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Runic Dictionary

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Anonymous Poems (Anon)

III. Málsháttakvæði (Mhkv) - 30

5: Málsháttakvæði (‘Proverb poem’) — Anon MhkvIII

Roberta Frank 2017, ‘ Anonymous, Málsháttakvæði’ in Kari Ellen Gade and Edith Marold (eds), Poetry from Treatises on Poetics. Skaldic Poetry of the Scandinavian Middle Ages 3. Turnhout: Brepols, p. 1213. <https://skaldic.org/m.php?p=text&i=1029> (accessed 20 September 2021)

stanzas:  1   2   3   4   5   6   7   8   9   10   11   12   13   14   15   16   17   18   19   20   21   22   23   24   25   26   27   28   29   30 

Skj: Anonyme digte og vers [XIII]: A. [1]. Málsháttakvæði, Et orknøsk(?) digt, omkr. 1200. (AII, 130-6, BII, 138-45)

SkP info: III, 1220

old edition introduction edition manuscripts transcriptions concordance search files

6 — Anon Mhkv 6III

edition interactive full text transcriptions old edition references concordance

 

Cite as: Roberta Frank (ed.) 2017, ‘Anonymous Poems, Málsháttakvæði 6’ in Kari Ellen Gade and Edith Marold (eds), Poetry from Treatises on Poetics. Skaldic Poetry of the Scandinavian Middle Ages 3. Turnhout: Brepols, p. 1220.

Fylki skal til frægðar hafa;
fregna eigum langt til gafa;
oddar gerva jarli megin;
útsker verða af bárum þvegin.
Ýmsir bjóða ǫðrum fár;
ormar skríða ór hamsi á vár;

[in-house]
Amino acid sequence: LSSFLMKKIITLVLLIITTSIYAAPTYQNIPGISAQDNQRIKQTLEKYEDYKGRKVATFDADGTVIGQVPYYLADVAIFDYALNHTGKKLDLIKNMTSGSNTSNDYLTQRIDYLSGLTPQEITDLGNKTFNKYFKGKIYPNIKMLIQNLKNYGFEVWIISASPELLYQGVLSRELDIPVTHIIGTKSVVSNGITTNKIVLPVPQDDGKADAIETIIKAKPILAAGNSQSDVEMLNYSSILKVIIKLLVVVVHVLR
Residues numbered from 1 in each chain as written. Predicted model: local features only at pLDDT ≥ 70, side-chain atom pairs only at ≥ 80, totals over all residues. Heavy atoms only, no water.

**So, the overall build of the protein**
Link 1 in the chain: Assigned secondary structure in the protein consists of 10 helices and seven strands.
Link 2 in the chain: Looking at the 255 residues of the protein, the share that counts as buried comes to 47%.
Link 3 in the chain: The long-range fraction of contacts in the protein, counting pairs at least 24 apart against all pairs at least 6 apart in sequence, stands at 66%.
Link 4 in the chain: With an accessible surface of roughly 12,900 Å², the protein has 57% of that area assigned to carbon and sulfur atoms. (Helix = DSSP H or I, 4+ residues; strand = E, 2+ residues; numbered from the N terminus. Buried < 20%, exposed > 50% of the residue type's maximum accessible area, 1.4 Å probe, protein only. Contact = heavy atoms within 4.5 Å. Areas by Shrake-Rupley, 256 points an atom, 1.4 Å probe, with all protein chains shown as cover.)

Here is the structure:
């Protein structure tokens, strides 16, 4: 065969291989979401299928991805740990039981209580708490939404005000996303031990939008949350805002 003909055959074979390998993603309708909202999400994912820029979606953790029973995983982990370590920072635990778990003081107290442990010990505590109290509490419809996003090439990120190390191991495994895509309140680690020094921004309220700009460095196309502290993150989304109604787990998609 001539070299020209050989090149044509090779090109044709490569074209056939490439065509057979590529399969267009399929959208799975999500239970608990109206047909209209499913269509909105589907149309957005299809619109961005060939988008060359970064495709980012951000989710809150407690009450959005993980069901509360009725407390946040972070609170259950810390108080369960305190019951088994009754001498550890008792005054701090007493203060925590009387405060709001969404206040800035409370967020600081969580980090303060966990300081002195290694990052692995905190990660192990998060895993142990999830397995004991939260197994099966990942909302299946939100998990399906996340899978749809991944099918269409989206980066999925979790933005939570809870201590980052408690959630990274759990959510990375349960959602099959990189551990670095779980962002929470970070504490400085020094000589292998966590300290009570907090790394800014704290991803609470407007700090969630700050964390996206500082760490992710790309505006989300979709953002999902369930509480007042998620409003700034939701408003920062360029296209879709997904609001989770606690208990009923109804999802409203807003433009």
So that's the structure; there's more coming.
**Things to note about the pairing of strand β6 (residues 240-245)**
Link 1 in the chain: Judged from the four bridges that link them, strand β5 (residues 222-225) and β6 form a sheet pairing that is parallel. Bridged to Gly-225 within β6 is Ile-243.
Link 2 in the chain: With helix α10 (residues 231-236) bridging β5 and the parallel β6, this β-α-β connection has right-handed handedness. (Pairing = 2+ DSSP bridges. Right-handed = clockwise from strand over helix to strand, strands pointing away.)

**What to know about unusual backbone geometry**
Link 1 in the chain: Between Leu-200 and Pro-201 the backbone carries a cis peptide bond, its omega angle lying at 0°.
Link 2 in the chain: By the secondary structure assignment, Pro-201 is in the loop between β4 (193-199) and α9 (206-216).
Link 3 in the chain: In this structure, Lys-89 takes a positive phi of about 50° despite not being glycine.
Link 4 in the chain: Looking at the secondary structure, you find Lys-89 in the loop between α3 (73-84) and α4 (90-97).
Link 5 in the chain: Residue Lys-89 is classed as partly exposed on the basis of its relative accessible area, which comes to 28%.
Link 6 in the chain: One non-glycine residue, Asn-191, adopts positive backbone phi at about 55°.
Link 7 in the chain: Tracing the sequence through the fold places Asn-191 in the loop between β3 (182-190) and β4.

vel hefr sá, er þat líða lætr;
langar eiga þeir bersi nætr.

Til frægðar skal hafa fylki; eigum fregna langt til gafa; oddar gerva jarli megin; útsker verða þvegin af bárum. Ýmsir bjóða ǫðrum fár; ormar skríða ór hamsi á vár; sá hefr vel, er lætr þat líða; þeir bersi eiga langar nætr.

One shall have a prince for glory; we ought to hear of a fool from far off; spears give strength to a jarl; outer skerries are washed by waves. Many offer harm to another; snakes slither from their slough in spring; he comes off well who lets it pass by; a bear and his kind have long nights.

Mss: R(54v)

Readings: [2] gafa: ‘gava’ R

Editions: Skj: Anonyme digte og vers [XIII], A. [1]. Málsháttakvæði 6: AII, 132, BII, 139, Skald II, 74; Möbius 1874, 4, Wisén 1886-9, I, 73-4.

Notes: [1]: A saying attributed to Magnús berfœttr in Magnúss saga berfœtts (MberfHkr, ÍF 28, 237): til frægðar skal konung hafa, en ekki til langlífis ‘one shall have a king for glory and not for long life’. — [2] gafa ‘a fool’: M. nom. sg. gafi ‘buffoon, griffon’: a crux. See LP, LP (1860), AEW: gafi; Fritzner IV: gafe. The word gafi ‘griffon’ translates Lat. gryps ‘griffon’, the four-footed bird of fable, in Stjórn (Unger 1862, 316; Levit XI.12-13). Cf. ON gafi ‘gull’ < Lat. gavia ‘sea-bird’, and especially Isidore, Etym. 12.2.17 on the dreaded gripes, part lion, part eagle, born in the distant Hyperborean mountains, which ‘tear humans apart when they see them’. For gafi ‘buffoon’, cf. OE gaff, gegaf ‘foolish behaviour’, gafspræc ‘gossip, ribaldry’ and saga-proverbs such as in Grettis saga (Gr ch. 59, ÍF 7, 189): spyrja mun þér bezt þykkja við hann at eiga ‘hearsay will be the safest way for you to handle him’; Hœnsa Þóris saga (ch. 6, ÍF 3, 18): spyrja er bezt til váligra þegna ‘it is best only to hear about wicked men’; also Fóstbrœðra saga (Fbr ch. 4, ÍF 6, 137); so Möbius (1874) followed by Wisén (1886-9, I): ‘vir improbus’. — [3]: Jarls are depicted here as elsewhere as the prototype of violent behaviour. — [5] ǫðrum ‘to another’: This could also be pl. (‘to others’). — [8]: The ‘night of a bear’ is a kenning for winter: cf. HSt Rst 13/1I. Wisén (1886-9, I, 74) emends þeir bersi ‘the bear and his kind’ to bersar ‘bears’.

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